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Just a few questions about Nickel plating

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  • Just a few questions about Nickel plating

    I purchased the 1.5 gal. nickel plating kit and have used it only twice on very small parts. Now I need to plate larger parts. Would it be ok to add 3 more gallons of new nickel solution to the existing batch. Can you plate over existing nickel? Also do the nickel annodes need to be as large as the parts being plated? Any advice would be appreciated.

  • #2
    Just a few answers

    As long as you are sure the existing solution is ok (and of couse the same Caswell formula), then yes, it will be alright to add more.

    Be sure and run some tests first (by plating a piece of polished copper pipe) prior to adding the new solution.
    It would be best to perform the test on the old and new solutions.
    If both parts look identical from both solutions then you know you can't go wrong by intermixing them.
    You may want to filter the old solution (just use those huge paper coffee filters, no actiated charcoal) as an added bit of insurance.

    I have had the same solution for years, add to it when I need to plate larger parts and I have never had any issues.

    You can plate over old/existing niclel plate as long as you buff, clean, and reactivate the existing nickel plating.

    To reactivate the old/existing nickel plating, dip the part in battery acid for at least (30) seconds and rinse with distilled water.

    Be sure and go "hot" (everything electrically connected) prior to placing the part into the nickel bath.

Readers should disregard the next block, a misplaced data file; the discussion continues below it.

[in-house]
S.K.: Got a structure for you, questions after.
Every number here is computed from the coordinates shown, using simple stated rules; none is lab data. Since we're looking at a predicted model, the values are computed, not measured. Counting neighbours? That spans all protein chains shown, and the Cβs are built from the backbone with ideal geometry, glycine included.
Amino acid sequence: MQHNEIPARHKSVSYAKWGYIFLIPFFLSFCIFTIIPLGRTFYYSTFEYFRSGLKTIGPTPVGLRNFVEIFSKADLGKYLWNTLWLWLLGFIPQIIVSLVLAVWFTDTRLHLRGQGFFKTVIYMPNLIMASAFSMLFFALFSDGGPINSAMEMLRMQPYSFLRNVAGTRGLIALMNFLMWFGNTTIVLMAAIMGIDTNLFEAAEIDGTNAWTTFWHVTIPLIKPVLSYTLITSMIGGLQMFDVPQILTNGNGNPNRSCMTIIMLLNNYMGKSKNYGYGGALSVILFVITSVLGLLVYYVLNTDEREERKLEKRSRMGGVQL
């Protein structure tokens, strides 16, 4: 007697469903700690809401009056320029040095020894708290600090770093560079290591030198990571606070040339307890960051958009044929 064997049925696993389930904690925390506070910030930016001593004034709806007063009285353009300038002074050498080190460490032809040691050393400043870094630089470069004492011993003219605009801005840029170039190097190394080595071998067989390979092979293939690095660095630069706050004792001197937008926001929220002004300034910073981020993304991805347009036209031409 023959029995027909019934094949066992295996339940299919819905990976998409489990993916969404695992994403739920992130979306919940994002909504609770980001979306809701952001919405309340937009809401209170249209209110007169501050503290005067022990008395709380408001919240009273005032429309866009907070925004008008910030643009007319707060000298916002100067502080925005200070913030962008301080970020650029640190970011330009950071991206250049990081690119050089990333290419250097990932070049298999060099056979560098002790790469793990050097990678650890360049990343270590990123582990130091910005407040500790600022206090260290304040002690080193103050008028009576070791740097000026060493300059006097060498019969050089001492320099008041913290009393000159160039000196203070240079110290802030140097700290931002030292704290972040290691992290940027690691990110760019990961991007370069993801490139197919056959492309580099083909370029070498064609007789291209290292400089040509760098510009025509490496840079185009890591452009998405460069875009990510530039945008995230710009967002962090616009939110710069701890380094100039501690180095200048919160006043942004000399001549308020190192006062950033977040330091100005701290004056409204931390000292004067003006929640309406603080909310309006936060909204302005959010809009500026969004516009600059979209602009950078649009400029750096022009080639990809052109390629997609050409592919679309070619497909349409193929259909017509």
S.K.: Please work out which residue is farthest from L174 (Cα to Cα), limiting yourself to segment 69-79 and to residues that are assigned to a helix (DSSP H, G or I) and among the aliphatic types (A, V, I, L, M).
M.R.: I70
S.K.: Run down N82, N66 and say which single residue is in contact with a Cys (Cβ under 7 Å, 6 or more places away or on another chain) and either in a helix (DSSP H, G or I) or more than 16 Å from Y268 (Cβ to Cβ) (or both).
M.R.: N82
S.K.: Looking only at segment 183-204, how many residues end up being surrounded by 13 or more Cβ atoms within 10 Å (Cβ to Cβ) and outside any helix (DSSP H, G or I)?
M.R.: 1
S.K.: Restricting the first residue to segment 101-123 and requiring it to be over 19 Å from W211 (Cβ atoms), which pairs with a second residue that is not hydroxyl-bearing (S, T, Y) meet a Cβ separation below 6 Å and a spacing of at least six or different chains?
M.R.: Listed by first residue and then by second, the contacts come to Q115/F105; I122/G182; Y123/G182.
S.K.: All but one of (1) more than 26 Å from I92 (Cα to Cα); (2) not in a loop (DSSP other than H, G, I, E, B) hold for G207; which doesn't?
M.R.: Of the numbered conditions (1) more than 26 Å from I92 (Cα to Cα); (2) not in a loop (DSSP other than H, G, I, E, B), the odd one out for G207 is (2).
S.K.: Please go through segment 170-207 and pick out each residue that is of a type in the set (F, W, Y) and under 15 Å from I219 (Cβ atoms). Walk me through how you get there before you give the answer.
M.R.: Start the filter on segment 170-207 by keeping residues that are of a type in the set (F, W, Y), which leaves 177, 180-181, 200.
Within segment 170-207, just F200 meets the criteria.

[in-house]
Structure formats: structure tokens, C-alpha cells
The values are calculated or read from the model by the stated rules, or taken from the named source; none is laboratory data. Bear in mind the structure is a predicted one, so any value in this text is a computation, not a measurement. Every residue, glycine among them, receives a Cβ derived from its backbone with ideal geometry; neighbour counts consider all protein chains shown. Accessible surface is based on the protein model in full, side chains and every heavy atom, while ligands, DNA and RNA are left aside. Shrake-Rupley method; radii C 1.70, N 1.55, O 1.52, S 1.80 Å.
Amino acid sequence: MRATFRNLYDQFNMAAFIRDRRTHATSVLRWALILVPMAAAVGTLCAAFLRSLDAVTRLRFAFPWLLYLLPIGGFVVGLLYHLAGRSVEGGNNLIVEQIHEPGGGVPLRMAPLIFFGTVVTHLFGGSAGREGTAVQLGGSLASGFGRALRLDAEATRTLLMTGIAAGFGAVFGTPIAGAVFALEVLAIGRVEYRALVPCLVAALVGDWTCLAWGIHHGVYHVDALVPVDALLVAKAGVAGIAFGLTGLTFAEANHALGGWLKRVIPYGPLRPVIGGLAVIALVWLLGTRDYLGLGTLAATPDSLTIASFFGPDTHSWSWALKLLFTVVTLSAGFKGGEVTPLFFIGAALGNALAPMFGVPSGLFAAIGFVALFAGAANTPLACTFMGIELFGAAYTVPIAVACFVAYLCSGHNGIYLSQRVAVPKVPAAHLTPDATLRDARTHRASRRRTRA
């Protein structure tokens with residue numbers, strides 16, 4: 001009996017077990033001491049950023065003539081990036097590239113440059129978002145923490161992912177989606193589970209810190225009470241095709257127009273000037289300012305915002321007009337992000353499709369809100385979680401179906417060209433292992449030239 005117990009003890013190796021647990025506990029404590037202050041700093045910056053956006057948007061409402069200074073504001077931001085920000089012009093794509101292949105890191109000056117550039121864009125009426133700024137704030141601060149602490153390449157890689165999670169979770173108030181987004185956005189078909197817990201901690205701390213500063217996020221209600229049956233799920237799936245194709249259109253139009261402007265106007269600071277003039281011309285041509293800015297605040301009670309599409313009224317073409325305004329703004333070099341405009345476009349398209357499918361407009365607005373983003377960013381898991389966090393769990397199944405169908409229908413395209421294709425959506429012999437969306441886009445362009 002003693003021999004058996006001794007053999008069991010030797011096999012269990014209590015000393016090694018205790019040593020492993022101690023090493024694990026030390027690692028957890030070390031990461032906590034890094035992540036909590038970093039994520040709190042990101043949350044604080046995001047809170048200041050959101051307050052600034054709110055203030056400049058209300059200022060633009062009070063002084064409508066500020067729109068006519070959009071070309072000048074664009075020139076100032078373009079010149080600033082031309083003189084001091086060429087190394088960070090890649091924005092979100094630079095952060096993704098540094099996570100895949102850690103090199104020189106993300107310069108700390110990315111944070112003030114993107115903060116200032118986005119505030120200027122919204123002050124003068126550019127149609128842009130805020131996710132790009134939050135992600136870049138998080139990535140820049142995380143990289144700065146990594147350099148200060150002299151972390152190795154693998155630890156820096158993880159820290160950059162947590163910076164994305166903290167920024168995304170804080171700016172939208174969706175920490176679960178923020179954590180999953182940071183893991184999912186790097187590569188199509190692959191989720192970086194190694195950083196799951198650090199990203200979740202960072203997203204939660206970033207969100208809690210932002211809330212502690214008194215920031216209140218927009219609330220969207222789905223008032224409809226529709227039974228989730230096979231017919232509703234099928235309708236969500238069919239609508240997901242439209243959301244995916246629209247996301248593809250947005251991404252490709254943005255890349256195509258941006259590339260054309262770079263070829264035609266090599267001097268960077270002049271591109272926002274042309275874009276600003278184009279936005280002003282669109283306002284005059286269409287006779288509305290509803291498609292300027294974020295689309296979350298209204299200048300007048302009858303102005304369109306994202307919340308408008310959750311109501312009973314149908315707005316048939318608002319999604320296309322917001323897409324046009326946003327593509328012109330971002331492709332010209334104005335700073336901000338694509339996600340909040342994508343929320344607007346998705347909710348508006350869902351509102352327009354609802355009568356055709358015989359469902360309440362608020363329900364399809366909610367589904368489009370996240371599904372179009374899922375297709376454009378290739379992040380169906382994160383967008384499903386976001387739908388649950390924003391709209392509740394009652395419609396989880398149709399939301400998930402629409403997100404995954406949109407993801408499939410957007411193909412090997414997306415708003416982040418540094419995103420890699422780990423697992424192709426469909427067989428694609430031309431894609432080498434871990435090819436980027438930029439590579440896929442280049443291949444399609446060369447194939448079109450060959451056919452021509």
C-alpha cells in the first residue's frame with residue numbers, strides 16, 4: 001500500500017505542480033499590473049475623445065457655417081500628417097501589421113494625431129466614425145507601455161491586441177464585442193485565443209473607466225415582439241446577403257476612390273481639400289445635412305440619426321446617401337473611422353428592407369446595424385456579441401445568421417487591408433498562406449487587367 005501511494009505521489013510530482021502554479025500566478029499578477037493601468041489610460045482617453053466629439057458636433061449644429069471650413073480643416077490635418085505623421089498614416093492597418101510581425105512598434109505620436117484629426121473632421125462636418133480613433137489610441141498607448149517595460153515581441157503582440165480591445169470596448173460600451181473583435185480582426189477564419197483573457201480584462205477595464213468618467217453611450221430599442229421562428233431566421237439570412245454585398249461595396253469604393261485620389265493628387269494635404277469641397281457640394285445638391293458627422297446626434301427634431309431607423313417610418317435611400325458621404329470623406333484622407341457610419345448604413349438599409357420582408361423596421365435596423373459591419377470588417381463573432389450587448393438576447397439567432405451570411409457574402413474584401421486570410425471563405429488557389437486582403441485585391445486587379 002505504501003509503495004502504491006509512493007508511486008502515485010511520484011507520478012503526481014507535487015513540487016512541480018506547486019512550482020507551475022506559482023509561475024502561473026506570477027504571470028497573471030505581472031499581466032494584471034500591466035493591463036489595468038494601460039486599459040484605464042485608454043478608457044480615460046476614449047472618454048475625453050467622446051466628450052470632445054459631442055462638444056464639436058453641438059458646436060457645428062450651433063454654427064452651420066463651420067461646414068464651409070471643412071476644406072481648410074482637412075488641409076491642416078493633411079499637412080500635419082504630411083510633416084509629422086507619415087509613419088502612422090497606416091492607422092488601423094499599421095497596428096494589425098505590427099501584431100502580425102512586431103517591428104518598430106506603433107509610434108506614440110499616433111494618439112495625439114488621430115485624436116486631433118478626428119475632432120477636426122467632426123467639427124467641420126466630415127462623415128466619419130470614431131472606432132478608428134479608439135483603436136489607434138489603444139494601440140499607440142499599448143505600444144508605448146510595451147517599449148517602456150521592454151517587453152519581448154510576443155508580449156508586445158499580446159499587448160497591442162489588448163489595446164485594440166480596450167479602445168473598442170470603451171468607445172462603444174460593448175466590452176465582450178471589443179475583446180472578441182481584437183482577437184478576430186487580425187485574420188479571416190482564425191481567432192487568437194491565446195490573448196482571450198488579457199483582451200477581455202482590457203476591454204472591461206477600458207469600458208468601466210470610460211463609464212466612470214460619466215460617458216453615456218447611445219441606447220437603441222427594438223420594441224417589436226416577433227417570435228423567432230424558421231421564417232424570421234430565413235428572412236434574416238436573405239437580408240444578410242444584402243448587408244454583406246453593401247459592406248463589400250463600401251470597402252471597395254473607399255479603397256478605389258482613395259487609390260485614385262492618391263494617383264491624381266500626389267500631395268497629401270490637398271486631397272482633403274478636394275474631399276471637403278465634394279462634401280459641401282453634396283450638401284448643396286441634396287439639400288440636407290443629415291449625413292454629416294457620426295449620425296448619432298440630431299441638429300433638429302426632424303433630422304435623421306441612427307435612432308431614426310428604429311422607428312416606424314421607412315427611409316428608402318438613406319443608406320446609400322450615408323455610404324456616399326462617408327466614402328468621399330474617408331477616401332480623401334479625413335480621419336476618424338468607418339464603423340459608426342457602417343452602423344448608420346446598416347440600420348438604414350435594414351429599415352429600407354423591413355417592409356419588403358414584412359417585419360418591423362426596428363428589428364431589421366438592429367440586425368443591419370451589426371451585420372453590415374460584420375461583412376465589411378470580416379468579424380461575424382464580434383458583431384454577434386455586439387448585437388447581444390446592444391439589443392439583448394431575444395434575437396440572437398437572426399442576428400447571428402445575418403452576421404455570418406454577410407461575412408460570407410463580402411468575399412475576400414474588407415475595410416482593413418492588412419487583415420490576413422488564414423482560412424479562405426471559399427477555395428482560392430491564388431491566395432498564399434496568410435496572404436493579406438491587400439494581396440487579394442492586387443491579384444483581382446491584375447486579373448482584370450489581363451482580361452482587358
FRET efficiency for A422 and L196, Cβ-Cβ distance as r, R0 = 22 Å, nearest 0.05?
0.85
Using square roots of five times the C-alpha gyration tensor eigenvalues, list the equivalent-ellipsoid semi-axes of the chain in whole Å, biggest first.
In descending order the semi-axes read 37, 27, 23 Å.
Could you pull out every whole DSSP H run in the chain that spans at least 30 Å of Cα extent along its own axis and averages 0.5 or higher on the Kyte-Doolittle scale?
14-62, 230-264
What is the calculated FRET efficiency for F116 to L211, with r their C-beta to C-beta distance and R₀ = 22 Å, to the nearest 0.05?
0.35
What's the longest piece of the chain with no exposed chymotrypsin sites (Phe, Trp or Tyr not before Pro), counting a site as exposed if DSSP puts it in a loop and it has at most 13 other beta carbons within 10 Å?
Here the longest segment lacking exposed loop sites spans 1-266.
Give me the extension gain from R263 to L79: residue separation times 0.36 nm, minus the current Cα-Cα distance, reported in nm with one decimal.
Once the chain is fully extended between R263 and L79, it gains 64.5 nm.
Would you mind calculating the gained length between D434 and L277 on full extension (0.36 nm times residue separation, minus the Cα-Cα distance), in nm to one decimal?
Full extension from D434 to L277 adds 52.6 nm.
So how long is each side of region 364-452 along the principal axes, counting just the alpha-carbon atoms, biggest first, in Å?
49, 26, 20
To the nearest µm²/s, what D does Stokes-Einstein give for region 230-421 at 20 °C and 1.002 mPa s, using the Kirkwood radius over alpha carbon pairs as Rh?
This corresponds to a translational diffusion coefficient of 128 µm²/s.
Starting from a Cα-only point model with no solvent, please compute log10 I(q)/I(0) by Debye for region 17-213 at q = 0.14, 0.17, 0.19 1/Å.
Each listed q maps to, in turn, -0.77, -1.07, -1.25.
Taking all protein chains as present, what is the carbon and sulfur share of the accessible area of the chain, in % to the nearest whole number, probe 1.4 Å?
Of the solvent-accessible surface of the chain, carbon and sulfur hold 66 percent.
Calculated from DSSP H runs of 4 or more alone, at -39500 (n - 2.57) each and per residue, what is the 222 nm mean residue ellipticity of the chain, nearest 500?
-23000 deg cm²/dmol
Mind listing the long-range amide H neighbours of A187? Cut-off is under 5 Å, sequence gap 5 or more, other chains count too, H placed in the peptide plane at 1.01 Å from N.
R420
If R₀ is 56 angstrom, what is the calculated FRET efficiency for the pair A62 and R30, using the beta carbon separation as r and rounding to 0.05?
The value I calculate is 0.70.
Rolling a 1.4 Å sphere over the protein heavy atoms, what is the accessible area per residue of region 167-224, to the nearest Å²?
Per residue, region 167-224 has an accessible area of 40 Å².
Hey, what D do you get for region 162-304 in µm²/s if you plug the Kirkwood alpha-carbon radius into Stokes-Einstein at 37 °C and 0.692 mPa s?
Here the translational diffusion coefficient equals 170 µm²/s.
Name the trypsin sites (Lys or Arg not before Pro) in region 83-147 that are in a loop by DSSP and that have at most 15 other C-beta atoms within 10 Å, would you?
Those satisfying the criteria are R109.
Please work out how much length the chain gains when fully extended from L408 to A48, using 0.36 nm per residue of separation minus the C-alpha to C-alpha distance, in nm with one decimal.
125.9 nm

Don't ever break electrical contact or remove the part while it is being plated or the 2nd nickel plating layer will peel off!

    Yes, the anodes should always be as large as the part for good coverage. (2) anodes on either side of the tank works even better.
    Remember to keep at least (3) inches of distance between the anodes and part.

    The best method I have found is to use (2) anodes, large air bubble agitation and a device that rotates the part while it is being plated.
    Perfect plating coverage, no post buffing required, ever!

    Also, be sure your power supply can handle the extra load of the larger parts (approx. 75 milliamp (.075A) is needed per square inch of part surface).

    George W.
    Orlando, FL


    • #3
      Thanks for the information.


      • #4
        George W.

        Thanks for the information. I tried plating a cast iron part and used pickel #3 in the manual to activate the nickel. This is different from what you suggested. Does it make any difference? I rinsed the part w/ distilled water, put it in sp degreaser & then to the plating tank. When I pulled it out of the plating tank there wasn't any nickel on it just a very light rust color. The part had some pits so I did some grinding on it before plating.
        It is possible I went through the nickel. Could dipping the part in the acid pickel without any nickel on it have caused this problem?


        • #5
          I should have claified "batery Acid" in my post.
          Yes it is Pickel #3.

          Now, you really have me concerned.
          Did you really put the part into the plating solution right after it came out of the SP Degreaser?

          Always rinse the part in distilled water before going into any plating solution.